Protection of Well-Known Marks
- 법과대학 법학과
- Issue Date
- 서울대학교 대학원
- 학위논문 (석사)-- 서울대학교 대학원 : 법학과(지식재산권법), 2015. 6. 박준석.
- Trademarks are internationally recognized and protected intellectual property rights. Consumers are able to distinguish the source of goods by recognizing their trademarks. Therefore trademarks can protect them from being confused by similar but inferior products. Also, trademarks can help manufacturers promote and merchandize their products more effectively. Corporations are no longer satisfied with traditional trademarks like words and two-dimensional designs.
The United States, the United Kingdom and European Union, to say the least, are good examples of countries that all have their own regulatory regimes. They have been
consistently developing to incorporate the rapid social and economic changes in the world.The regulatory regimes on trademarks have many differences, although they share a lot of common characteristics of trademarkable subject matter, distinctiveness, and functionality.The world is seeking a better regulatory framework in respect of protection of well-known trademarks because it arguably has more intrinsic value in its advertising function than
The concept of trademarks has evolved as a result of this era of globalization and technological advancement and trademarks have become symbols that can fetch huge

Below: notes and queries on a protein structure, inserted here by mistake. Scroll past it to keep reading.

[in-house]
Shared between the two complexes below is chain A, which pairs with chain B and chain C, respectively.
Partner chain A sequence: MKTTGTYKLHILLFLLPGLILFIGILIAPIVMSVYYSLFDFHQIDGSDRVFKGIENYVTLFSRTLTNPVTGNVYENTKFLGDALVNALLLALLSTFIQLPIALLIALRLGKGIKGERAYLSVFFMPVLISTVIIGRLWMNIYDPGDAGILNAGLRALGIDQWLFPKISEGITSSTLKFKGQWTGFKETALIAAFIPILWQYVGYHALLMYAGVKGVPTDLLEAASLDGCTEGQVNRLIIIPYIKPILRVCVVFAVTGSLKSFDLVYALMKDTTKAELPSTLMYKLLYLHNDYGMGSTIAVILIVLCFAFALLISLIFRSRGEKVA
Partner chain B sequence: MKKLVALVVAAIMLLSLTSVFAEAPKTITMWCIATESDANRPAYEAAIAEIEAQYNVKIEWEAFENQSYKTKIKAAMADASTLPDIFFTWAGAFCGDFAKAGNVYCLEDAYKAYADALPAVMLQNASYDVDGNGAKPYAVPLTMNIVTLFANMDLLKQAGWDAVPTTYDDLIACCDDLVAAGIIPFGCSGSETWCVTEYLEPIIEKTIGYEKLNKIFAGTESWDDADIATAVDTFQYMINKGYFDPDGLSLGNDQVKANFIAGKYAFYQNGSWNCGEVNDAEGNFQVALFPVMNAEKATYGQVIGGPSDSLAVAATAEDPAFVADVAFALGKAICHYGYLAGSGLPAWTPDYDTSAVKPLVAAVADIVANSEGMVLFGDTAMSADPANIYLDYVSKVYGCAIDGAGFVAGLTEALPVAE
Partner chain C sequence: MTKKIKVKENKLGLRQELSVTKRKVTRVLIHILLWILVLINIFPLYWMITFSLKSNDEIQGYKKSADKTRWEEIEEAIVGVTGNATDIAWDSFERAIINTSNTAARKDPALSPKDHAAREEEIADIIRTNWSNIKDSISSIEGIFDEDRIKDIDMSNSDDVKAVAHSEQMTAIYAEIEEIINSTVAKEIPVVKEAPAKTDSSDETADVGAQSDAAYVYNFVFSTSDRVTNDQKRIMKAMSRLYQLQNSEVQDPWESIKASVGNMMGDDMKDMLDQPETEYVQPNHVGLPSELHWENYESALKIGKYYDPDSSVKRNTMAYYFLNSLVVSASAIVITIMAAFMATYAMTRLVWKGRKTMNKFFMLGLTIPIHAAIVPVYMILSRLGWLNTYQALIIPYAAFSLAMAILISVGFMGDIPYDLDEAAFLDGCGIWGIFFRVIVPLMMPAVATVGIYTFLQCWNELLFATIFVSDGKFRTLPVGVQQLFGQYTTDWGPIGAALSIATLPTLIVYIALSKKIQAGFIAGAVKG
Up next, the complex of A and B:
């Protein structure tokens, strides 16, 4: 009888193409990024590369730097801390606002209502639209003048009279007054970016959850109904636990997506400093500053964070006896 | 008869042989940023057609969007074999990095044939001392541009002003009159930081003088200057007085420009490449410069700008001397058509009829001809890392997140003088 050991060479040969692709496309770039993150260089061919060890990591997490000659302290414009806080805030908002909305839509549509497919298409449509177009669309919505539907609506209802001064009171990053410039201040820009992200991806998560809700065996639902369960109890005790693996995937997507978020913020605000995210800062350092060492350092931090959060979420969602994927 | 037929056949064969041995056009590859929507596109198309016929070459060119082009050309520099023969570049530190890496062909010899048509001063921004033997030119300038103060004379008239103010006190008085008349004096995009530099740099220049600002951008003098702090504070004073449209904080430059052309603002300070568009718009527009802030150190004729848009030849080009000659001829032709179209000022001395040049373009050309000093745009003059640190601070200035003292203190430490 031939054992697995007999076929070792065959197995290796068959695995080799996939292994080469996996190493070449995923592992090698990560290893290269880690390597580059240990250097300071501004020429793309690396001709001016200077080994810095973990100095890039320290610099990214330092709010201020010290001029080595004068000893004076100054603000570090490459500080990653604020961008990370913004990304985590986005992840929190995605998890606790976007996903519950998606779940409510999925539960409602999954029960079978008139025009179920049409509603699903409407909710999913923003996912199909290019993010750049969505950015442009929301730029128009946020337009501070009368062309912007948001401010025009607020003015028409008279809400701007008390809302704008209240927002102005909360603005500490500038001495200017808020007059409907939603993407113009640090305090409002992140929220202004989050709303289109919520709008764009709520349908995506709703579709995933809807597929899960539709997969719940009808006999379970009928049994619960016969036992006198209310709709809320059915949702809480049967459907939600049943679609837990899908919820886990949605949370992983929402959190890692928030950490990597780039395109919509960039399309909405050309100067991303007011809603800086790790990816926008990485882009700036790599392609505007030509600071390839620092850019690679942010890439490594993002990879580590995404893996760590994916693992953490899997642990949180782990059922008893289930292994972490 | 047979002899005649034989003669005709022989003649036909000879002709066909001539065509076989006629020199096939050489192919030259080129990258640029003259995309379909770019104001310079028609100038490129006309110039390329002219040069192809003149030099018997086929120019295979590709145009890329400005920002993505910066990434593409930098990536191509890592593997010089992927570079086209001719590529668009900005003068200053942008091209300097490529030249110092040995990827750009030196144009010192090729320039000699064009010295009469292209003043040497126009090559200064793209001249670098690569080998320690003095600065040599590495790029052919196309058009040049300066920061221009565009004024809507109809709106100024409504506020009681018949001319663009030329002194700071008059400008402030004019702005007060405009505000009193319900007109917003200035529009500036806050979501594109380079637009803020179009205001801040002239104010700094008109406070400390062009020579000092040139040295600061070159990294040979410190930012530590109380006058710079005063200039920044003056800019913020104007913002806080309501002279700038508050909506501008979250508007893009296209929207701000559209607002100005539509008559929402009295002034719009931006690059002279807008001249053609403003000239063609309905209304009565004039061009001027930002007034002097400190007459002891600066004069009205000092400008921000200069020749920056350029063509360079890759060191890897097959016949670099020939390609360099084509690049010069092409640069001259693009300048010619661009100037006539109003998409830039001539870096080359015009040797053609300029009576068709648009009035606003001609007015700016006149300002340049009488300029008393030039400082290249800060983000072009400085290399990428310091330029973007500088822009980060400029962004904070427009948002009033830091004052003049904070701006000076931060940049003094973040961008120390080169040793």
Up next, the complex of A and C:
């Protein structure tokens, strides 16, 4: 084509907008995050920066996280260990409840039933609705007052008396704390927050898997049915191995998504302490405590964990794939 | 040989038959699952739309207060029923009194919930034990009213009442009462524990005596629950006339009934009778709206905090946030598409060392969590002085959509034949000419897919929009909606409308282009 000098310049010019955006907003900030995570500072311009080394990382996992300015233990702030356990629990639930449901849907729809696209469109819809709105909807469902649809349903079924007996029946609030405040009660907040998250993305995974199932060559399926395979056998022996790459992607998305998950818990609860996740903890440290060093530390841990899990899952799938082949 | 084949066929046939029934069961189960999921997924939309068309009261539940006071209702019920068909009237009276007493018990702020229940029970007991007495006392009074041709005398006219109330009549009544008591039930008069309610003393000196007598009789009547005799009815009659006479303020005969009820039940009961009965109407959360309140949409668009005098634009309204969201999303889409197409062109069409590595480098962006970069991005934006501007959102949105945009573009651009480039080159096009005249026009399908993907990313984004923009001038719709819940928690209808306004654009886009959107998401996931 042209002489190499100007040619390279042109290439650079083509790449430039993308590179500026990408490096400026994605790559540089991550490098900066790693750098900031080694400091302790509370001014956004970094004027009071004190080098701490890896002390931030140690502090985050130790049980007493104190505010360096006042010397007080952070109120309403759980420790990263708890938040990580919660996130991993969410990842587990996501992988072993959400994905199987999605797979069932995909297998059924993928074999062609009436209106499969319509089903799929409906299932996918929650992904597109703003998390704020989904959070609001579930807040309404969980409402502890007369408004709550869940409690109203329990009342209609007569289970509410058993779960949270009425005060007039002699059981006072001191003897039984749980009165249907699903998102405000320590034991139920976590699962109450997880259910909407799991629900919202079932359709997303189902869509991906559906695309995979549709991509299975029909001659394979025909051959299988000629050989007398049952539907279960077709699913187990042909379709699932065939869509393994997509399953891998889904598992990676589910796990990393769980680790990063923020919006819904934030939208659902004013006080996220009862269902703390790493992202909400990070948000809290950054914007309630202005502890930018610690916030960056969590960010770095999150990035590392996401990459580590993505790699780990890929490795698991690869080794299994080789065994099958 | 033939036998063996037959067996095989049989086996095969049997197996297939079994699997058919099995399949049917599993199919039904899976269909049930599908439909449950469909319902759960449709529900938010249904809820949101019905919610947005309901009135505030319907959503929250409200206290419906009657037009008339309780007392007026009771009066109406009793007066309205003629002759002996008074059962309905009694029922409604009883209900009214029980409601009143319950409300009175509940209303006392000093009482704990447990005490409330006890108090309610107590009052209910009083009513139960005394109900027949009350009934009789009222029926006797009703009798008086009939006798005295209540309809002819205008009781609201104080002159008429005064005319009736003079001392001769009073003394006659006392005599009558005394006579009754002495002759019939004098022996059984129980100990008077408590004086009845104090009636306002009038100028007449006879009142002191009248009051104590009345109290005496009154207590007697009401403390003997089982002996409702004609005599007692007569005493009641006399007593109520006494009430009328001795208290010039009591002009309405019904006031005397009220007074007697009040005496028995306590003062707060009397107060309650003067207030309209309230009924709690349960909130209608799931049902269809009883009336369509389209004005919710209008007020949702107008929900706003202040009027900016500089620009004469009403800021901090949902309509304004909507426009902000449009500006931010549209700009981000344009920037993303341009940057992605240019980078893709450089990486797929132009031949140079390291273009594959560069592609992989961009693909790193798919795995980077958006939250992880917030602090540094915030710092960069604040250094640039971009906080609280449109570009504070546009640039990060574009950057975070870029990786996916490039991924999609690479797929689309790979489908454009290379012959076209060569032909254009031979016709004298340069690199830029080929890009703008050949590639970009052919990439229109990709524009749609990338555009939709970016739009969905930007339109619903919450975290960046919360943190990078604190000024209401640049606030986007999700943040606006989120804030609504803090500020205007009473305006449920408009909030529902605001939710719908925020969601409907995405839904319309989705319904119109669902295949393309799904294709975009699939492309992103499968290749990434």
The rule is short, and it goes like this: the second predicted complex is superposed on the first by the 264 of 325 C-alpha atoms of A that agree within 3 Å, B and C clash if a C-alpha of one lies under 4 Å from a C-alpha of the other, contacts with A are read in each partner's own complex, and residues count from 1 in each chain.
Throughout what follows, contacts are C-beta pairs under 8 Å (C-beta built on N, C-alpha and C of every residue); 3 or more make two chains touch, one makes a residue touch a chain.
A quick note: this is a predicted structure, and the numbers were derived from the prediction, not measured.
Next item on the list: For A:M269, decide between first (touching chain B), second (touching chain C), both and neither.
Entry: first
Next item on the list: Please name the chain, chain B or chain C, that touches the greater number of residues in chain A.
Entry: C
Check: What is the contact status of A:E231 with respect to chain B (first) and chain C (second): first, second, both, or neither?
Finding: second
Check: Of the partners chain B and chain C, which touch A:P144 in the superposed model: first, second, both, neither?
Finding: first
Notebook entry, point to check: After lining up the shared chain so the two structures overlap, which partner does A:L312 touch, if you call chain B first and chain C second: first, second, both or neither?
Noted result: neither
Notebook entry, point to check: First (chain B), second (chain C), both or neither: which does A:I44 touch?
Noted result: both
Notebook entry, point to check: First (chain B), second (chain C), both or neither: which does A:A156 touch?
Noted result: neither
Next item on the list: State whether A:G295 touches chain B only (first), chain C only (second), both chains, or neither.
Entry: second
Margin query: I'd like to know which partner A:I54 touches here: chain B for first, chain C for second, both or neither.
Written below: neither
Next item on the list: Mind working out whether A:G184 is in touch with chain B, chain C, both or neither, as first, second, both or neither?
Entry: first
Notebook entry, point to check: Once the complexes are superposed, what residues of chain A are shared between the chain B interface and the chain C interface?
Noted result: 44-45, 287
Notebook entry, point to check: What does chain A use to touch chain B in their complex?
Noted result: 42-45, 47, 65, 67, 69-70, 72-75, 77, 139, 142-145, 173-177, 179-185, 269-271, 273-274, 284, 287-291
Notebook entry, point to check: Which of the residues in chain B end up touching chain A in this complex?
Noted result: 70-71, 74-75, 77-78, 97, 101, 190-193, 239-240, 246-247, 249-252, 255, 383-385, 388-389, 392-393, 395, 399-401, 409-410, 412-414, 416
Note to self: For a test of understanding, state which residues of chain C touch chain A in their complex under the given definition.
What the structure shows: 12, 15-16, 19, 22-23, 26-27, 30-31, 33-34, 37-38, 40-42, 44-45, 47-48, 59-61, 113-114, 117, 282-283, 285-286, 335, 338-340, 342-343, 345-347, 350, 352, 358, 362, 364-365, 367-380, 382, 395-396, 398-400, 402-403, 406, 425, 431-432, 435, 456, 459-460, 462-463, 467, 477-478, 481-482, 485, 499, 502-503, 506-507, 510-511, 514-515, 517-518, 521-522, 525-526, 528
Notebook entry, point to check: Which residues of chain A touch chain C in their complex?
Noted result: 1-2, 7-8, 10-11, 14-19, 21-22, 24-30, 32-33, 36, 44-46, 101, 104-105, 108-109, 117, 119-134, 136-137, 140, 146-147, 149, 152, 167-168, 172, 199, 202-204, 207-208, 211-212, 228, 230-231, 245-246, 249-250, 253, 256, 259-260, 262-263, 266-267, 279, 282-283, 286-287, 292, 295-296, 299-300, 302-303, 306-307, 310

commercial value. As laws in each different jurisdiction and countries develop incrementally, so has the number of well known marks increased exponentially. Naturally, the increasingly competitive markets would bring on spiralling effect on creative trading methods by market players, sometimes to circumvent the breaching of any laws, and hence this would lead to the question of whether local trade mark laws is adequate in protecting well known marks.
Therefore, this paper aims to study by way of comparison, from a Malaysian perspective, the policies of the United States, the United Kingdom, and Malaysia on issues of protection of well known marks. Based on this study and comparison, it was found that judging the level of well-known of a mark is not clear cut, but rather entails a multi-factor balancing process. This paper further discusses on the recent landmark case of McDonalds Corp v McCurry and finally ends with recommending that Malaysia needs to enact or further trademark laws to address the growing concern of dilution in order to afford a balanced protection between local marks and well known marks through the aforementioned balancing process.